Detroit woman charged in Medicaid kickback scheme

Mark Hicks
The Detroit News

A second person has been charged in an alleged Medicaid kickback scheme involving a state employee, the Michigan Attorney General's office announced Thursday.

Carmen Rembert of Detroit owned Personal Care Home Services LLC between January 2015 and December 2017, investigators said in a statement.

During that time, an investigation found, Eliza Ijames, who worked for the Michigan Department of Health and Human Services as an independent living services specialist in the Wayne County Adult Services office, "was approving Medicaid beneficiaries for home help services ... and steering many of her clients to Rembert’s business," according to the release. "The State, in turn, made significant payments to Rembert’s business for the services provided."

The probe also revealed Rembert and Ijames co-managed the business’ bank account and both appeared to have withdrawn thousands of dollars for their personal use, state authorities reported Thursday.

"Kickbacks to a public servant in exchange for a steady stream of Medicaid work is against the law," Attorney General Dana Nessel said. “Rest assured both sides of any such an arrangement will be held accountable.”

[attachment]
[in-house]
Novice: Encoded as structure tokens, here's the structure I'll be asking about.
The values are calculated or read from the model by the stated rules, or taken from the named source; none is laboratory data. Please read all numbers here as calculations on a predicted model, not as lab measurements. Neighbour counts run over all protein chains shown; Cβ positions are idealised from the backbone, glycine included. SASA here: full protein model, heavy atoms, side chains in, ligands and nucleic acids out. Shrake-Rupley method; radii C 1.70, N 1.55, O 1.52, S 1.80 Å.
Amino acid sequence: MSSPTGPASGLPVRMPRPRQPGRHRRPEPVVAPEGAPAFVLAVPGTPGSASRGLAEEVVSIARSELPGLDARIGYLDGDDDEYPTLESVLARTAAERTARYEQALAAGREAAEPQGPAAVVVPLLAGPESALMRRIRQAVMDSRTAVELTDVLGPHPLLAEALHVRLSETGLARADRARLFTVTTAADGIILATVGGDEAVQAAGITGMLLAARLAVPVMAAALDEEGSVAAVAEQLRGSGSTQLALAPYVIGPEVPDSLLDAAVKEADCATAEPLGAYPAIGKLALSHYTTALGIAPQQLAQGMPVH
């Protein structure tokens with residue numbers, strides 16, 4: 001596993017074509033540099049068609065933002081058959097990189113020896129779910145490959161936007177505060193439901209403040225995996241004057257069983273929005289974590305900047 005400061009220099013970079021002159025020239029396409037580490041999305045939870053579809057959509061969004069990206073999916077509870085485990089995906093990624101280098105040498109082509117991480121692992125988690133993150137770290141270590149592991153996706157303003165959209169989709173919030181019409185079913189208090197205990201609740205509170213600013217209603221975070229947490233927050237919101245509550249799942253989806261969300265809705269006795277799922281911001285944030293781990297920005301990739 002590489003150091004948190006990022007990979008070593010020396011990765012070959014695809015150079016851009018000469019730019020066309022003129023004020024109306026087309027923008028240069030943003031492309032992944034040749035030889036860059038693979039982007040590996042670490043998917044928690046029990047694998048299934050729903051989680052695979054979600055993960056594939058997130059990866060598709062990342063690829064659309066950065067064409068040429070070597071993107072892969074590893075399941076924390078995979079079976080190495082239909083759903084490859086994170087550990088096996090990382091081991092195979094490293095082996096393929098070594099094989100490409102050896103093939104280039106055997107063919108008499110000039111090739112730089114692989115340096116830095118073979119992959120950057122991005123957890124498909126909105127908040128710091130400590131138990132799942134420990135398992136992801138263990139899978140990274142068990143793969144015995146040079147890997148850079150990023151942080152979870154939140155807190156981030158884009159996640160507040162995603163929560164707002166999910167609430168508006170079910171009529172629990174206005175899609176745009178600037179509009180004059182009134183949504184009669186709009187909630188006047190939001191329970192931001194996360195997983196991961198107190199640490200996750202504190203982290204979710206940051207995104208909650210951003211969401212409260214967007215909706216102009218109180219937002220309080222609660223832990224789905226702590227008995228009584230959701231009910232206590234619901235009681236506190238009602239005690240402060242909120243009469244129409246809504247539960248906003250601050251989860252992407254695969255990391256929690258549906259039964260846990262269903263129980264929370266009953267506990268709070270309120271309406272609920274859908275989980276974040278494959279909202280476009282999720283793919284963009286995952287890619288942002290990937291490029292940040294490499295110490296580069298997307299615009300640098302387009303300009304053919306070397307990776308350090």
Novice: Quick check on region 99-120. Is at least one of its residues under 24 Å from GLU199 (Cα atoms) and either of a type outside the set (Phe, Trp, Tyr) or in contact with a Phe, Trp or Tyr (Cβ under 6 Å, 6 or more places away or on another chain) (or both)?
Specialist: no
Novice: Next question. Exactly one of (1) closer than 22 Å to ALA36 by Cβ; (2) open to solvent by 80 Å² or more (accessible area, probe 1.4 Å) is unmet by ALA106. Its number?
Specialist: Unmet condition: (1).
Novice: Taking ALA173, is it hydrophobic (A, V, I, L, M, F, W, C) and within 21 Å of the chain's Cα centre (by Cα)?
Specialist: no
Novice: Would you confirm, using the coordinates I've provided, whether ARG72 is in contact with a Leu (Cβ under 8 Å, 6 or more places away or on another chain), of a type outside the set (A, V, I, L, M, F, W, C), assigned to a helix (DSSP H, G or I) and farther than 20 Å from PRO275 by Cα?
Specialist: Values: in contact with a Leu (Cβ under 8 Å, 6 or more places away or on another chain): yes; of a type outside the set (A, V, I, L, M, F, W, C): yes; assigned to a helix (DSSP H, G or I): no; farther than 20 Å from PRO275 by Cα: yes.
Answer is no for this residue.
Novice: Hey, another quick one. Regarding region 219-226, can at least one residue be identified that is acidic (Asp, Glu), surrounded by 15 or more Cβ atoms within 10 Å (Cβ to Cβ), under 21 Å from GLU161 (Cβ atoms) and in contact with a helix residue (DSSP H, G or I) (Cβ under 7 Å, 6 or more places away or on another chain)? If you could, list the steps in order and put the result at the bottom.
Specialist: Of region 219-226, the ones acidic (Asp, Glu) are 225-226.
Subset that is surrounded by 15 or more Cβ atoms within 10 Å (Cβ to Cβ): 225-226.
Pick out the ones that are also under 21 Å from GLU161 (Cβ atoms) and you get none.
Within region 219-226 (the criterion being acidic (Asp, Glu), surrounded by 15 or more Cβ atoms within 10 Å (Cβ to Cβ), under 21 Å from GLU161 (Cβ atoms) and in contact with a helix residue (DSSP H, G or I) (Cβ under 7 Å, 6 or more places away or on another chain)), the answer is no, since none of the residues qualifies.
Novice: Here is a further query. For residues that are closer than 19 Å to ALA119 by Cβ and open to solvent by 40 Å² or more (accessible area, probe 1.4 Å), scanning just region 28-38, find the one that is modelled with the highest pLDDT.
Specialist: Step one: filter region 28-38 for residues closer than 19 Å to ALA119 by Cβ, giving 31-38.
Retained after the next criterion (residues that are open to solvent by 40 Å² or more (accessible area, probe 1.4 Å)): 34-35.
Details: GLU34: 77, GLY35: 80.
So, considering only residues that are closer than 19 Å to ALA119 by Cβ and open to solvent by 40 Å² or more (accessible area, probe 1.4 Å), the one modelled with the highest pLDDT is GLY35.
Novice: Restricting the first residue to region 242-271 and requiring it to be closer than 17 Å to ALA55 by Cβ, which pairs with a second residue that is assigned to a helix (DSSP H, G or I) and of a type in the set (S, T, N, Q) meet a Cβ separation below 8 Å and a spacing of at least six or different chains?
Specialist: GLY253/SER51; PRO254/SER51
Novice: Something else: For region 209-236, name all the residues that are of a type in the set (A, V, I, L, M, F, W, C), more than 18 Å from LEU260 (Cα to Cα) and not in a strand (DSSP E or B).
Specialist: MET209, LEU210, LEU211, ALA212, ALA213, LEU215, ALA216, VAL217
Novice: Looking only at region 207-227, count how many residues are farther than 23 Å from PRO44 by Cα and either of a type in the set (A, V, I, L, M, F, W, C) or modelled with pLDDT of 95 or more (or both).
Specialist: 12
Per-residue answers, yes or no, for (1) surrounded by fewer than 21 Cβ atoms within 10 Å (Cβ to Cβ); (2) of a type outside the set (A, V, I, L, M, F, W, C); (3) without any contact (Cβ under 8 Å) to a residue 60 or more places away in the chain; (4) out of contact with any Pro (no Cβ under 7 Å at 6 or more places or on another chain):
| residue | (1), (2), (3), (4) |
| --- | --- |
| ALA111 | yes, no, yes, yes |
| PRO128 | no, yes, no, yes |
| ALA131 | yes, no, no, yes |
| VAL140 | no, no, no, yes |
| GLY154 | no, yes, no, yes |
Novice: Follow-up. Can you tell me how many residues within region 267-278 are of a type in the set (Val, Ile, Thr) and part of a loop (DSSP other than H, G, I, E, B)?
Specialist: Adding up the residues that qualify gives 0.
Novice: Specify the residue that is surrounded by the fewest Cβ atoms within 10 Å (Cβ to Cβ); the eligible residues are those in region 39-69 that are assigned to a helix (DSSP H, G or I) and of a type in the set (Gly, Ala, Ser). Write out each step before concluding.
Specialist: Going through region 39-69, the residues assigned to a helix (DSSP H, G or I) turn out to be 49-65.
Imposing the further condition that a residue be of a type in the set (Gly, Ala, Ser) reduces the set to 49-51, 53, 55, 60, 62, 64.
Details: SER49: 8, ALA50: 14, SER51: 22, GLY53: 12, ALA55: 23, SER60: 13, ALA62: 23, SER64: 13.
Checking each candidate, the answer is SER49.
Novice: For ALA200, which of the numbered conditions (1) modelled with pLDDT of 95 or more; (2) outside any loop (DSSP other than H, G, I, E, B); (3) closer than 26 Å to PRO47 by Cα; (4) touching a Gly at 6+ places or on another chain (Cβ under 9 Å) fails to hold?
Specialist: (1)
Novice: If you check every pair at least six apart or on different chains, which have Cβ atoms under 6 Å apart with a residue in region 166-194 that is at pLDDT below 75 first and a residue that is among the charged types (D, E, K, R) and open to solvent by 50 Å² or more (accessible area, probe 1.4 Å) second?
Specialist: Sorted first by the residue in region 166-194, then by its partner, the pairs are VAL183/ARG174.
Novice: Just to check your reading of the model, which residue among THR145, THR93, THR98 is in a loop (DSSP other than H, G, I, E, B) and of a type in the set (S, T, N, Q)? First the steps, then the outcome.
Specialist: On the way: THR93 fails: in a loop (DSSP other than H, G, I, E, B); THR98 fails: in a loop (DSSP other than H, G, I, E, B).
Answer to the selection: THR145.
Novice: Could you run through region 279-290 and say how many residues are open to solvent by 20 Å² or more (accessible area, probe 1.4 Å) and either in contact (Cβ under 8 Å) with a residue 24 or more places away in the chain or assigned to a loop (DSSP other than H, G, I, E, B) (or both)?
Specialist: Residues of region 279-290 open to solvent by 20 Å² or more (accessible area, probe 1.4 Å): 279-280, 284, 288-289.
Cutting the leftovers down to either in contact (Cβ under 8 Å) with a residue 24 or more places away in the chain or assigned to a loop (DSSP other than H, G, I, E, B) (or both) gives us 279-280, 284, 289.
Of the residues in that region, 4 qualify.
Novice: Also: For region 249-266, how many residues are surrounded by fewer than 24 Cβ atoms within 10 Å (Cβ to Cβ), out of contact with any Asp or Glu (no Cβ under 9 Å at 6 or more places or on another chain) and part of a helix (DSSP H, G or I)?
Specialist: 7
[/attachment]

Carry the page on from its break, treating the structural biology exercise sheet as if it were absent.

Ijames was charged and convicted this year for multiple felonies stemming from the scheme.

The Michigan Department of Health and Human Services Office of Inspector General referred the case against Rembert to Nessel's Health Care Fraud Division.

“MDHHS takes very seriously any abuse of the Medicaid system — including any situation in which a department employee takes advantage of his or her position and betrays the public trust as other MDHHS employees are working to help people,” MDHHS Inspector General Alan Kimichik said. “Protecting program integrity is important so that funds are available for Michiganders who are in need of Medicaid benefits and taxpayer dollars are protected.”

Nessel charged Rembert with three felony counts of Medicaid fraud. The felonies are each punishable by up to four years in prison and a $30,000 fine, the state said.

The 61-year-old was arraigned Thursday in East Lansing's 54B District Court. Judge Andrea Larkin set bond at $90,000. A pretrial conference is scheduled for 8 a.m. Oct. 9.